Today's destination is Amy's Bread - an NYC staple that has been churning out delicious breads, cakes and pastries since it was started in Hell's Kitchen, by Amy Scherber, almost 20 years ago. The Chelsea Market location opened in 1996, so it's had ample time to become a fixture with tourists and locals alike. In this store, you can watch workers through giant glass windows as they mix, knead, shape and bake their famous breads. The shop adjoined to the kitchen has the feel of a little French cafe, with a long wooden counter, charming tiled floors, round tables bracketed by cane chairs, heaped baskets of fresh loaves, and generous display cases for pastries, cakes and sandwiches.

Monday, August 15, 2011

Eating NYC: Chelsea Market

Our first gastro-centric stop on my recent visit to NYC (the very first stop was actually my sister's midwife appointment!) was the food-lovers paradise that is Chelsea Market. This increasingly trendy place is a miniature foodie nirvana, packing over 32 food-related stores into what was once a production building for the National Biscuit Company. The handsome brick buildings still have a postindustrial feel, with factory-like decor and a few display cases to highlight the location's fascinating history.

Friday, August 12, 2011

Safety or Scrutiny: Tales from the Full-Body Scanner

A short while ago, I shared some tips for breezing through airport security by packing smart and cutting down on carry-on liquids. Well, during my flight to NYC last week, I had the chance to experience a whole new facet of the TSA security system - the 'full-body scanner.' You may remember the controversy surrounding the widespread introduction of this device about a year ago. Travelers railed against the practice as a violation of privacy and health experts speculated about the danger such scans could present for the body, especially in the case of commuters and other frequent travelers.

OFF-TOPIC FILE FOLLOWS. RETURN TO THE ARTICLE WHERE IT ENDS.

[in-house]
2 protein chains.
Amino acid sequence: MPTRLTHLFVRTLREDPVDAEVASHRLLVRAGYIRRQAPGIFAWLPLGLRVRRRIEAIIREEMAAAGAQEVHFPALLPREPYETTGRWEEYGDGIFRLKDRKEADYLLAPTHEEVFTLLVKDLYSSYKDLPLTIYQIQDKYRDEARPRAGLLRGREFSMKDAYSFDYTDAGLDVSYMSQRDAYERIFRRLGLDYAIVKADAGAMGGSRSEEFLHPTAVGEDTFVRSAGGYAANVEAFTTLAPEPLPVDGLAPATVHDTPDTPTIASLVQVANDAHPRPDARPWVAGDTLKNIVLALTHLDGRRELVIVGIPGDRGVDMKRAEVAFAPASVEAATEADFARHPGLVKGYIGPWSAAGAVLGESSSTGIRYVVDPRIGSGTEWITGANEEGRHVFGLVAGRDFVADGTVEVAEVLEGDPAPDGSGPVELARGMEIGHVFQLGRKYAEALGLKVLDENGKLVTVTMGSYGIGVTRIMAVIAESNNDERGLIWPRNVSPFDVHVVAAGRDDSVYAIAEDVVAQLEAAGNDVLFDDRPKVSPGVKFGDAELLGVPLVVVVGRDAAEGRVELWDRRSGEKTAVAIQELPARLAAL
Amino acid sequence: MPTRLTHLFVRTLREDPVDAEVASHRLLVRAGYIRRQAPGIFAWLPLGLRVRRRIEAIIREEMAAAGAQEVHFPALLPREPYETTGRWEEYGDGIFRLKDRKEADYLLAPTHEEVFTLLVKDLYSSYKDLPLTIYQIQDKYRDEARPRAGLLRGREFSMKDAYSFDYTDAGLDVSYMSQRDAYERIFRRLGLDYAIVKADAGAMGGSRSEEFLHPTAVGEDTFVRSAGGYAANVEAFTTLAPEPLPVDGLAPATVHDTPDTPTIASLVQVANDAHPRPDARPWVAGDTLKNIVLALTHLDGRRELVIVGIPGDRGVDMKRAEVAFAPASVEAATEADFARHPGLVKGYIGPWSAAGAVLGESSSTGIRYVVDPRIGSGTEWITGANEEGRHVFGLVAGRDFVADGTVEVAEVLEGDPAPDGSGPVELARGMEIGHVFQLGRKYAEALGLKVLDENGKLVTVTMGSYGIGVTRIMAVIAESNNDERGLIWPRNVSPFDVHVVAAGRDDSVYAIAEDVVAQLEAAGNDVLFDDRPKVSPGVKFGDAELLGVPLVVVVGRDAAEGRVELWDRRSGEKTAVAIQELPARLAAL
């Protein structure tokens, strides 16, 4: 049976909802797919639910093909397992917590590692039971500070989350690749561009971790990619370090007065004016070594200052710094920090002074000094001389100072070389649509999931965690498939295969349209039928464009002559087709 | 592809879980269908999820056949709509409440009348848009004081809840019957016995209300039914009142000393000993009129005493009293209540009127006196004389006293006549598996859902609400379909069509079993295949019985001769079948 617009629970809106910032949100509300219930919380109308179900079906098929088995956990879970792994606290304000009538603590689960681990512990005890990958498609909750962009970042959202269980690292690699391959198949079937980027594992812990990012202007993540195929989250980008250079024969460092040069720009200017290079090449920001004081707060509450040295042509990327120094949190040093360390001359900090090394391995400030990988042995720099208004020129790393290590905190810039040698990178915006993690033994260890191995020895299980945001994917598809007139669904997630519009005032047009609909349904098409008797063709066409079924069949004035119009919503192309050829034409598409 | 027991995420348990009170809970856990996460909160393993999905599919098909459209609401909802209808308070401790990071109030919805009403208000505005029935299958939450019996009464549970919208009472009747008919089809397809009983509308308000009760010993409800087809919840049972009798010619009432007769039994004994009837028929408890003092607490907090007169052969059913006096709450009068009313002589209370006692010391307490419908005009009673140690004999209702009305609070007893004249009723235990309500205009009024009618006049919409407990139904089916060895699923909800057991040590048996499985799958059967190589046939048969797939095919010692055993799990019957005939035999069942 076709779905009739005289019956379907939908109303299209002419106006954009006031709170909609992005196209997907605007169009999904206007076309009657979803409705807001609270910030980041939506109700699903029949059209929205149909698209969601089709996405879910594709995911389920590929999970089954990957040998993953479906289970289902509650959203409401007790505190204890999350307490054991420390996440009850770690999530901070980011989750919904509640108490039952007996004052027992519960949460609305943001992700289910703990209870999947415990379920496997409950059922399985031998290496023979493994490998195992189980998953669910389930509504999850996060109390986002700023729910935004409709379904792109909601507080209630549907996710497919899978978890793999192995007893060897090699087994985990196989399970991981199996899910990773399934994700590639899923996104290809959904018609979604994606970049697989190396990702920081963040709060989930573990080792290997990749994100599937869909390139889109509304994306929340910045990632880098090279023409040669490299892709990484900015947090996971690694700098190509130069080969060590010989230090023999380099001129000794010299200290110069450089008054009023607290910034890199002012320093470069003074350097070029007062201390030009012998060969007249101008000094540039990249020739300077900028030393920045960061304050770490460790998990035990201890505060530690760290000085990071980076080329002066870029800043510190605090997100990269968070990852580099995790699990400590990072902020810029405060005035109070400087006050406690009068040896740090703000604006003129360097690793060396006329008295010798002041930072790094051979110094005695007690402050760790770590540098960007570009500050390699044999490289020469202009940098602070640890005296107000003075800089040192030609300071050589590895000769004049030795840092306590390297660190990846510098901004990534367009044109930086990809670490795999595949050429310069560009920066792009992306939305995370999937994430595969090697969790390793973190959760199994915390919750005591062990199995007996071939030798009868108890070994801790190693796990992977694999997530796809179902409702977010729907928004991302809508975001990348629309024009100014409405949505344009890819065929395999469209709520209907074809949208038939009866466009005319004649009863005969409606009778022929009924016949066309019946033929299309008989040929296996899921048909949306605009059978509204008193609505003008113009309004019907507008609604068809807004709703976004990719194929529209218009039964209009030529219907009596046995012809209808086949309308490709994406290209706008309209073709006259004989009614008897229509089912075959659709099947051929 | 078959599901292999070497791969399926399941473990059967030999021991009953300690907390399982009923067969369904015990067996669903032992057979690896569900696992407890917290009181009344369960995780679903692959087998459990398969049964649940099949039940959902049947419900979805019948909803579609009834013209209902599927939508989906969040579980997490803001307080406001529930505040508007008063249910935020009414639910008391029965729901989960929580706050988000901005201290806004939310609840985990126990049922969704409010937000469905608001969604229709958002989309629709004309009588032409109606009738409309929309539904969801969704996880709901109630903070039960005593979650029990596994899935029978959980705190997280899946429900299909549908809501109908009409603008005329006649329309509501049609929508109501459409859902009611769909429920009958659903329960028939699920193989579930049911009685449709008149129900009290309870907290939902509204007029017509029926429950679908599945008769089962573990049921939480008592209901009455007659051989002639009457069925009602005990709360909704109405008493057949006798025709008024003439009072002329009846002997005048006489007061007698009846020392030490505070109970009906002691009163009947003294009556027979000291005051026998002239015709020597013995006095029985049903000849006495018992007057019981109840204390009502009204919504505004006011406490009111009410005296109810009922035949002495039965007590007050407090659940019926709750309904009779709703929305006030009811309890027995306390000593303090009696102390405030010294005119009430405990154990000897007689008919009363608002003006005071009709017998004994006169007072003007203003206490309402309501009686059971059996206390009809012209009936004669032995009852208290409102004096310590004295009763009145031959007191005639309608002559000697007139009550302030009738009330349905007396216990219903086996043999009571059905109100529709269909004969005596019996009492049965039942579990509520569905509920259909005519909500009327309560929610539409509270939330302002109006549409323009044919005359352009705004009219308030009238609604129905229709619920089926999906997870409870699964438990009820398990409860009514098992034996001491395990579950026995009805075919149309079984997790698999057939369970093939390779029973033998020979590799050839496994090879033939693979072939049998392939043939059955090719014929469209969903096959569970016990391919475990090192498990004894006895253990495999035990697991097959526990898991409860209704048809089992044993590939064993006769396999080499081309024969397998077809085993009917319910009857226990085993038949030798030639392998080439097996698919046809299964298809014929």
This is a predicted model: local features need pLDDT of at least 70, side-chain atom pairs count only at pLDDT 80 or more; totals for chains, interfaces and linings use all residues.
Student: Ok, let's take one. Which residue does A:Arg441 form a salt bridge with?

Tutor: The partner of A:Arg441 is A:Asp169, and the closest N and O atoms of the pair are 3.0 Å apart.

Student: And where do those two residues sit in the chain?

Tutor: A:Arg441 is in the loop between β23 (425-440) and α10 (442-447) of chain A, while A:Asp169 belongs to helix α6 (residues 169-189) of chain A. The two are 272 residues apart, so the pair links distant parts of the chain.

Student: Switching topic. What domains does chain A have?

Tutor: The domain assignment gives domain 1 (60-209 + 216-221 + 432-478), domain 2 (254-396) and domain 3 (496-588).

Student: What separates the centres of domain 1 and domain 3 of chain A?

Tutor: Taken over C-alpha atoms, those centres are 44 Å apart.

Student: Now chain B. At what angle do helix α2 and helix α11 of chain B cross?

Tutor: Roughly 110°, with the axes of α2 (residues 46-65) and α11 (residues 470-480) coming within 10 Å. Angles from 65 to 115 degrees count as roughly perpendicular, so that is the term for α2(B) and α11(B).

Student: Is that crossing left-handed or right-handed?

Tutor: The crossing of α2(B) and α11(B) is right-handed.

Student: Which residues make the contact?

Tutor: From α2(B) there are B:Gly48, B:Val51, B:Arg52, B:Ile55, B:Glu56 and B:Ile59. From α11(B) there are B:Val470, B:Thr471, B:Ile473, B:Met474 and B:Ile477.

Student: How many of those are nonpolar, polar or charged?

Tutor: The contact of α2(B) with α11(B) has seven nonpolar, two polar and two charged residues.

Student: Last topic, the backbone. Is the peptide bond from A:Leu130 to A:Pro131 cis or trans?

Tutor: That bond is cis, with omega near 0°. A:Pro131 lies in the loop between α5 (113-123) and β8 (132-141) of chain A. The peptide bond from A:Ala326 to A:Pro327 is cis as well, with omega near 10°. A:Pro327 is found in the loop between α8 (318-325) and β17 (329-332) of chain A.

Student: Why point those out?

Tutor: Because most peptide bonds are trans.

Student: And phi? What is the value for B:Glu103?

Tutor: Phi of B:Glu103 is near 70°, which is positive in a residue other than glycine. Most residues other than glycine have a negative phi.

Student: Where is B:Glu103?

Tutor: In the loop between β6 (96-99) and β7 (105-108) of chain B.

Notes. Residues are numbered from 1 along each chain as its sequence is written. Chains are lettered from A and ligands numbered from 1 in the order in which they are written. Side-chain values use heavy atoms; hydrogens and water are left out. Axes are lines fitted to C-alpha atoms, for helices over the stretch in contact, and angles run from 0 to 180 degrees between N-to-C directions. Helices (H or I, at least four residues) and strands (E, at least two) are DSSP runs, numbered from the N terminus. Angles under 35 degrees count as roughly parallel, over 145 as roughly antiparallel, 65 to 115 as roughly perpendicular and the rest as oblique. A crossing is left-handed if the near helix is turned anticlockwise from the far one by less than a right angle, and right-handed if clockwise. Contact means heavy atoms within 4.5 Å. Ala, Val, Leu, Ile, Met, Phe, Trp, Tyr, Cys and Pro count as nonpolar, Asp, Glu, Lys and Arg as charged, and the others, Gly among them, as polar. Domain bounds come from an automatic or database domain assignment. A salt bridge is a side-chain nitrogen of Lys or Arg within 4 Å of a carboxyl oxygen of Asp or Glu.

Image from

Thursday, August 11, 2011

Free Kindle Book from Lonely Planet!

A few weeks ago, I shared some tips for finding free books for your Kindle or e-reader. I check the Amazon offerings every couple of weeks and, though the selections are sometimes a bit uneven, I've managed to find a few gems and have stocked my Kindle with over 200 books! I'm always e-mailing friends with links to books I think they'd like and found a good one to share with my travel-obsessed readers today - from none other than the lovely Lonely Planet!

I'm not sure how long the offer will last, but if you check now, you can get their 5 of USA's Best Trips completely free. I haven't read it yet so I can't speak to its value, but at that price, I think it's worth taking the chance!

A foreTASTE of things to come!

Phew - what a whirlwind week in the City! I promise I haven't forgotten about all of you, but time always flies so quickly when there's lots to do, and the past few days were no exception. We left New York city in a U-Haul in the wee hours of Tuesday morning, and though my sister and I spent the bulk of these past few days packing, we still managed to eke out some time for a few last-minute culinary adventures. We may have been eating in the Big Apple, but our treats were far from healthy!

Monday, August 8, 2011

Mixed Berry Galette: A Pie By Any Other Name

What's in a name? A pie by any other name would taste as sweet...

...Especially if you dress it up in a flat, flaky crust, roughly crimp the buttery edges, dust it with a sprinkling of coarse sugar and call it -- a galette.

There may be nothing more American than apple pie, but no dessert says country French elegance like a freshly-made galette. So rustic and handsome, even the name sounds rich and seductive - elevating a simple pastry into a work of art in the way that the only the French can do.

And the real secret - it's actually easier to make than pie! For those of you who have lived in fear of the homemade pie crust, the galette is the perfect place to start; there's very little rolling and no fussy cutting and crimping. This recipe is also a breeze to put together, even without a food processor (though you certainly could use one if you have it!).

Mixed Berry Galette
makes one 12-inch galette

1 recipe for Galette Dough (see below)
1 lb fresh strawberries, hulled and sliced
11 oz blueberries
6 oz raspberries
1/4 cup granulated sugar
1 Tablespoon lemon juice
1 Tablespoons cornstarch *
1 egg, beaten
1 Tablespoon turbinado sugar or other coarse sugar for dusting